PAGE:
Housetraining and crate training can be tough but rewarding. If you are ever in doubt as to whether you or your pet are on the right tract, call your veterinarian for advice. Otherwise, be consistent and persistent, and your pet will love you for it!


Information for this article was obtained from the following sources.

VIN veterinary Partners

“Perfect Puppy in 7 days” by Sophia Yin DVM,MS

“Decoding Your Dog”  from the American College of veterinary behaviorists

“Crate Games for Self-Control and Motivation” DVD by Susan Garrett


*”Kongs” and “Toppls” are available on line from many different retailers

Wondering When To Spay or Neuter Your Pet?

When Should You Spay or Neuter Your Pet? It Used to Be a Simple Question… 

Fortunately, the question of timing in cats is simple, so we will start with our feline pets. Cats who are not intended for breeding should be spayed or neutered by 5 months of age. The biggest reasons to spay or neuter are to prevent overpopulation and curb unwanted hormonally influenced behaviors. Cats are incredibly fecund and precocious, meaning they can become pregnant as young as 6 months, and it usually takes a single mating. In addition to this, hormonal influence can lead to roaming, fighting and, in males, a powerful urine smell with a tendency to mark in the home. Marking behaviors often persist despite neutering once they are established, so early intervention is recommended. Waiting until after a first heat cycle to spay female cats increases the incidence of mammary tumors, which are an aggressive form of cancer in felines. These reasons, coupled with no known benefits to waiting, make the question of spay and neuter timing in cats clear-cut.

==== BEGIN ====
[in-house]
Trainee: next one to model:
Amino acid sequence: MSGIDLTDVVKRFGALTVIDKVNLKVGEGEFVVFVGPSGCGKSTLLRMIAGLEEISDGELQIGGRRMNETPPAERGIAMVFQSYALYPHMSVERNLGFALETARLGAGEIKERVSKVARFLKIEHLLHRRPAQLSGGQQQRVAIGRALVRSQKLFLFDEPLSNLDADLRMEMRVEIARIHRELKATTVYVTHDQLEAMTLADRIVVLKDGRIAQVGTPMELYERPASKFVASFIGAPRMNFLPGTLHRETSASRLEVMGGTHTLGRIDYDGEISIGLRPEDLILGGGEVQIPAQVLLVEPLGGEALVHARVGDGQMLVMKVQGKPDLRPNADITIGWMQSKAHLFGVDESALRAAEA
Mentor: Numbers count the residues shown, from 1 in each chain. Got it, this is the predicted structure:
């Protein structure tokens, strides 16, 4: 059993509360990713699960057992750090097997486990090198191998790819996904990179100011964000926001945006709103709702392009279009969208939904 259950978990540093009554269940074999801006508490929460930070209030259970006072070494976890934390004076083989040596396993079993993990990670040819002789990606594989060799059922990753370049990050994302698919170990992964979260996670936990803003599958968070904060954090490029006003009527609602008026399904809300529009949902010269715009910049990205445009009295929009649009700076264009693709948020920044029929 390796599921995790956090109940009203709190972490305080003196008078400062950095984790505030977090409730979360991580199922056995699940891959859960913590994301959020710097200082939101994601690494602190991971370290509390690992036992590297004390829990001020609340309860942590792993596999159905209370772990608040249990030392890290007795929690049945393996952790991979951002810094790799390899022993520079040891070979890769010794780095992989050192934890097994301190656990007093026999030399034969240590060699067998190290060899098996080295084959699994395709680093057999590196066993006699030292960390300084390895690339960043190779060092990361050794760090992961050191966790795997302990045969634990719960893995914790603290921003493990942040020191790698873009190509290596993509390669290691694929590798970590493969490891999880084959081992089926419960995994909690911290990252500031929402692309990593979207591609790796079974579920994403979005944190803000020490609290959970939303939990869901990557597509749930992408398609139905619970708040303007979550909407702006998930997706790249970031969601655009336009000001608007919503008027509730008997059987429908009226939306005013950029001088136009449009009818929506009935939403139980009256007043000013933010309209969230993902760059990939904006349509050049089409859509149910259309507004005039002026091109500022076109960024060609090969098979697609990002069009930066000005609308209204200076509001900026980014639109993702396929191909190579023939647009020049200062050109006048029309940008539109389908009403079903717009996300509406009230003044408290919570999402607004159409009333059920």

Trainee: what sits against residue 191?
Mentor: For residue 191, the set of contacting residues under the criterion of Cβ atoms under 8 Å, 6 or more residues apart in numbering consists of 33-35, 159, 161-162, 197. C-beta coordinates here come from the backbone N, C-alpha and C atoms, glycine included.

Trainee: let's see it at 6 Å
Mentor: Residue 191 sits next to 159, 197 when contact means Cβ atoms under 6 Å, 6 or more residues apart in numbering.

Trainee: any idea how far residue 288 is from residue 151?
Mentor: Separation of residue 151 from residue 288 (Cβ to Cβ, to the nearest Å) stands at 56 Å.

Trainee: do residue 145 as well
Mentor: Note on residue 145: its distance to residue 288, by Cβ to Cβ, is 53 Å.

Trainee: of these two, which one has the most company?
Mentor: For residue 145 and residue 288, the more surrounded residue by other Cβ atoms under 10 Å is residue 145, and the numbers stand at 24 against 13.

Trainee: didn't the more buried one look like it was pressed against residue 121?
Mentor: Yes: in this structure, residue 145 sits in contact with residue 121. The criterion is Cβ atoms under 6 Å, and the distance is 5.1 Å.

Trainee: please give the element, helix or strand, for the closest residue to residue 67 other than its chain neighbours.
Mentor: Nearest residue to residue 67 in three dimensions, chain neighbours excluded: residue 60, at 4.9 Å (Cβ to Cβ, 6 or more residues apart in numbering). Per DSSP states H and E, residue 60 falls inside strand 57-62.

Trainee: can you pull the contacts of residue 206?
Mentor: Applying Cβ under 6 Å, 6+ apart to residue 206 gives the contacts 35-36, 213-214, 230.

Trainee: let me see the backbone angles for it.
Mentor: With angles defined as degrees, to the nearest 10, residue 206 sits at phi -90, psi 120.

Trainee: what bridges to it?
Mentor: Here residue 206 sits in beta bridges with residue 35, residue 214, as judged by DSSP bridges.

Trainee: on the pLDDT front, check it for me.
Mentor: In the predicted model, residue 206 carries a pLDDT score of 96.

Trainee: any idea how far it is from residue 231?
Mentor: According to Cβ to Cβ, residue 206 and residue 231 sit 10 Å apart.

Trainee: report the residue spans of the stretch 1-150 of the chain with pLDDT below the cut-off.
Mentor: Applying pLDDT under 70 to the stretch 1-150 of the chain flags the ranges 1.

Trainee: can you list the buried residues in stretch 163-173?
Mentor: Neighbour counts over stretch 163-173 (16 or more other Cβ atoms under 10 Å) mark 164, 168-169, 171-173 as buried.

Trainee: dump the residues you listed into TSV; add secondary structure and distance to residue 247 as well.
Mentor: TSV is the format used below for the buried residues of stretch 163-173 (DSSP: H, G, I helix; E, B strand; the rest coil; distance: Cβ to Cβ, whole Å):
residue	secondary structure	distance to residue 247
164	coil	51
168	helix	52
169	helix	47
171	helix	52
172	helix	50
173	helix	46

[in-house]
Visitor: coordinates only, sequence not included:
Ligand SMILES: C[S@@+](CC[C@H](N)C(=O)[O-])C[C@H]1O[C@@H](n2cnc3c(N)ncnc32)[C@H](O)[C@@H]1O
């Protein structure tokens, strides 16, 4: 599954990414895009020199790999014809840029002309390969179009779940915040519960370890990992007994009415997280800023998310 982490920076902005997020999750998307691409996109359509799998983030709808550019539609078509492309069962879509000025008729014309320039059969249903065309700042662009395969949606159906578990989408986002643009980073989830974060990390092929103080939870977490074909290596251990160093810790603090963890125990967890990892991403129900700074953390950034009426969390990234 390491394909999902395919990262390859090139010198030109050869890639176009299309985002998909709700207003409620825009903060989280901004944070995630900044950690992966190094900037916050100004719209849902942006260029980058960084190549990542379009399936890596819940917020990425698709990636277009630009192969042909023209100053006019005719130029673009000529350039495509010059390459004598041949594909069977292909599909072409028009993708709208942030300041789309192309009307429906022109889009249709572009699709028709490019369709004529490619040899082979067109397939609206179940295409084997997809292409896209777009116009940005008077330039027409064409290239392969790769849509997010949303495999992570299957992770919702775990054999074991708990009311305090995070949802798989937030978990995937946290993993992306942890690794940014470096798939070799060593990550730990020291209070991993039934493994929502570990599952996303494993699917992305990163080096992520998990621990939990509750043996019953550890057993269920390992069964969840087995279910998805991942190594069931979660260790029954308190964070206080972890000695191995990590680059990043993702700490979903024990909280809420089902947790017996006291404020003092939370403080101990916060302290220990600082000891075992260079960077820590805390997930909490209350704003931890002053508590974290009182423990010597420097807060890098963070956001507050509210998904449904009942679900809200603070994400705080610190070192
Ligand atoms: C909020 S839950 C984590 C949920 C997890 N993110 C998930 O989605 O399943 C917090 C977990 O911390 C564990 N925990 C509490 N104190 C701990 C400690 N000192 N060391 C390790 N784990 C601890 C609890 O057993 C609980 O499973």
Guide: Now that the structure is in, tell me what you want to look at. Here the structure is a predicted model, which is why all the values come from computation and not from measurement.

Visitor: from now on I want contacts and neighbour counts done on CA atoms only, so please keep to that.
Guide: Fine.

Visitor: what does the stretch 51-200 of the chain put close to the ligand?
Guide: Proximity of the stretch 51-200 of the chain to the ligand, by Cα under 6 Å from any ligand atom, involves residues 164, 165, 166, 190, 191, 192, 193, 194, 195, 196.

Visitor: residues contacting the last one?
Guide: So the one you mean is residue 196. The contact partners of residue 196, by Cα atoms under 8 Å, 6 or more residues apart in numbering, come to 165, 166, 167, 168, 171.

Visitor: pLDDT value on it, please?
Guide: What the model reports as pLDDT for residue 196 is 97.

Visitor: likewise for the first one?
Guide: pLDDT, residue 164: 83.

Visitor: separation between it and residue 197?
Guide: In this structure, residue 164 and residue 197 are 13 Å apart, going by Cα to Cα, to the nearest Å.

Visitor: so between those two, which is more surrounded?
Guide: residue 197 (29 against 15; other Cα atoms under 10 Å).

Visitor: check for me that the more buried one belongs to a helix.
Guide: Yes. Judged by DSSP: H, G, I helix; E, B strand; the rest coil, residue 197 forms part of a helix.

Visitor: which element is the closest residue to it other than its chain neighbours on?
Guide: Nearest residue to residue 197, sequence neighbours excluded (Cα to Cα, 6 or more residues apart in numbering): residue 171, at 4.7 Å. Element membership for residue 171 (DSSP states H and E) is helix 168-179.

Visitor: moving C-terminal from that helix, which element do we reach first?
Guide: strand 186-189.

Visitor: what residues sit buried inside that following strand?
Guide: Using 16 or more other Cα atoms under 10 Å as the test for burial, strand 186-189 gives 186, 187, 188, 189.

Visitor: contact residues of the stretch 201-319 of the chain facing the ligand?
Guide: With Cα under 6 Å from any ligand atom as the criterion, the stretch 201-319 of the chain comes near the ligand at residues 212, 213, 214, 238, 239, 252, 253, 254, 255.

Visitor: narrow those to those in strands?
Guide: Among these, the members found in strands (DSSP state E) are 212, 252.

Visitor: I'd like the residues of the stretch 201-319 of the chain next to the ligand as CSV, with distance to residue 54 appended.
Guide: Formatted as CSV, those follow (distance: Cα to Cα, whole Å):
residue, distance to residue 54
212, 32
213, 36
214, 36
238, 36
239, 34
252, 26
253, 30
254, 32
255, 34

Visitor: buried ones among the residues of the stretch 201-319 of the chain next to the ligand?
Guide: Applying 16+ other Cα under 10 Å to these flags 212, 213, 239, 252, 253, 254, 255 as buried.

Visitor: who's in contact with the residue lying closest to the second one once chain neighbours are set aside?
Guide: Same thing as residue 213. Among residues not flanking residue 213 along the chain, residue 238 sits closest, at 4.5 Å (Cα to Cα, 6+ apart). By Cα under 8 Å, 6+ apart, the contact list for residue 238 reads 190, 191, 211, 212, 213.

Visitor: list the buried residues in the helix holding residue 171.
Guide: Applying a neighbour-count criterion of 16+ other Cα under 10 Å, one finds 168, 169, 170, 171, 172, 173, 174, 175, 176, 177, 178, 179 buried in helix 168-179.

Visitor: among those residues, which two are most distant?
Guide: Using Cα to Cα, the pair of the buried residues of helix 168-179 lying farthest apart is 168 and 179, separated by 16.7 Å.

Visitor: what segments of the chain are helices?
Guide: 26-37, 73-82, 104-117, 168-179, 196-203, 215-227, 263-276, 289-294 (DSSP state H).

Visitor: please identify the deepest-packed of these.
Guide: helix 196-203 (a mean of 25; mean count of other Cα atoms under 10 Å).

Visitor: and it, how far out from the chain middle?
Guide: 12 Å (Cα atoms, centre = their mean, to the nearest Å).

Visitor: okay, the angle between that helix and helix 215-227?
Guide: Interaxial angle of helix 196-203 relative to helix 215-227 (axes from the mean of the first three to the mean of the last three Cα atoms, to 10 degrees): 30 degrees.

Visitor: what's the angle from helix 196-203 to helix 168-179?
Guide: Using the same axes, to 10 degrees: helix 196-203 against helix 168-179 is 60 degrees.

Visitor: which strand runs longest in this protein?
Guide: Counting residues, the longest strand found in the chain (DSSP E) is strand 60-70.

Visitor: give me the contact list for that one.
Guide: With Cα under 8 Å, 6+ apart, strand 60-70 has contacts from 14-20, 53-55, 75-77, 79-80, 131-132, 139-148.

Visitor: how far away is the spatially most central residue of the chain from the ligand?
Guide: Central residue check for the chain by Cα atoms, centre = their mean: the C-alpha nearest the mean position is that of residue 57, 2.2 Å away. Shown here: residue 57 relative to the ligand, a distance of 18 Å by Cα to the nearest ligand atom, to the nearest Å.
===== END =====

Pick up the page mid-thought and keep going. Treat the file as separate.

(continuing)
Although one would think that the answer is just as straightforward in dogs, there are many factors that might influence the timing decision. Before we explore these factors, it is important to remember that prevention of overpopulation and its painful and sad consequences is our first responsibility. This means that if a dog’s situation puts it at risk for an unwanted litter, then early spay or neuter should be done as soon as possible. This is the approach taken by animal shelters and rescue organizations. For owned pets that are not at risk of an unwanted pregnancy, there may be benefits to waiting beyond the traditional 6-month recommendation and even potentially allowing female dogs to go through a first heat cycle.  

There are both risks and benefits to early spay, as well as risks and benefits to a later spay (ovariectomy or ovariohysterectomy). To be clear, the question here is whether or not to spay early or after the first heat cycle. Because of significant risks of pyometra (uterine infection) or mammary cancer late in life we recommend that all female dogs not intended for breeding be spayed before their second heat cycle. Most females experience their first heat cycle between 5-9 months of age (large dogs usually start later), then once every 6 months thereafter. In terms of benefits, early spaying (before 5 months) results in very low (0.05%) risk of mammary cancer, no risk of pregnancy, and no heat cycle bleeding. Spaying before the first heat cycle results in an easier surgery with fewer potential for complications such as bleeding and pain.  

Urinary incontinence is, however, a common problem associated with early spay. It can be well-managed with lifelong medication. With early spaying or neutering, certain breeds may be at increased risk of developing orthopedic disease due to the removal of sex hormones. These problems include knee ligament rupture, hip dysplasia and elbow dysplasia. Breeds with documented increased risk appear to be Golden Retrievers, Labrador Retrievers, German Shepherds, Pitbulls and Rottweilers. There is possibly a correlation between early spay/neuter and anxiety. Other reported possible risks (with weak evidence) for males and females are a possible increased risk of certain types of cancer (osteosarcoma, hemangiosarcoma, lymphosarcoma) and slightly increased risk of immune-mediated diseases.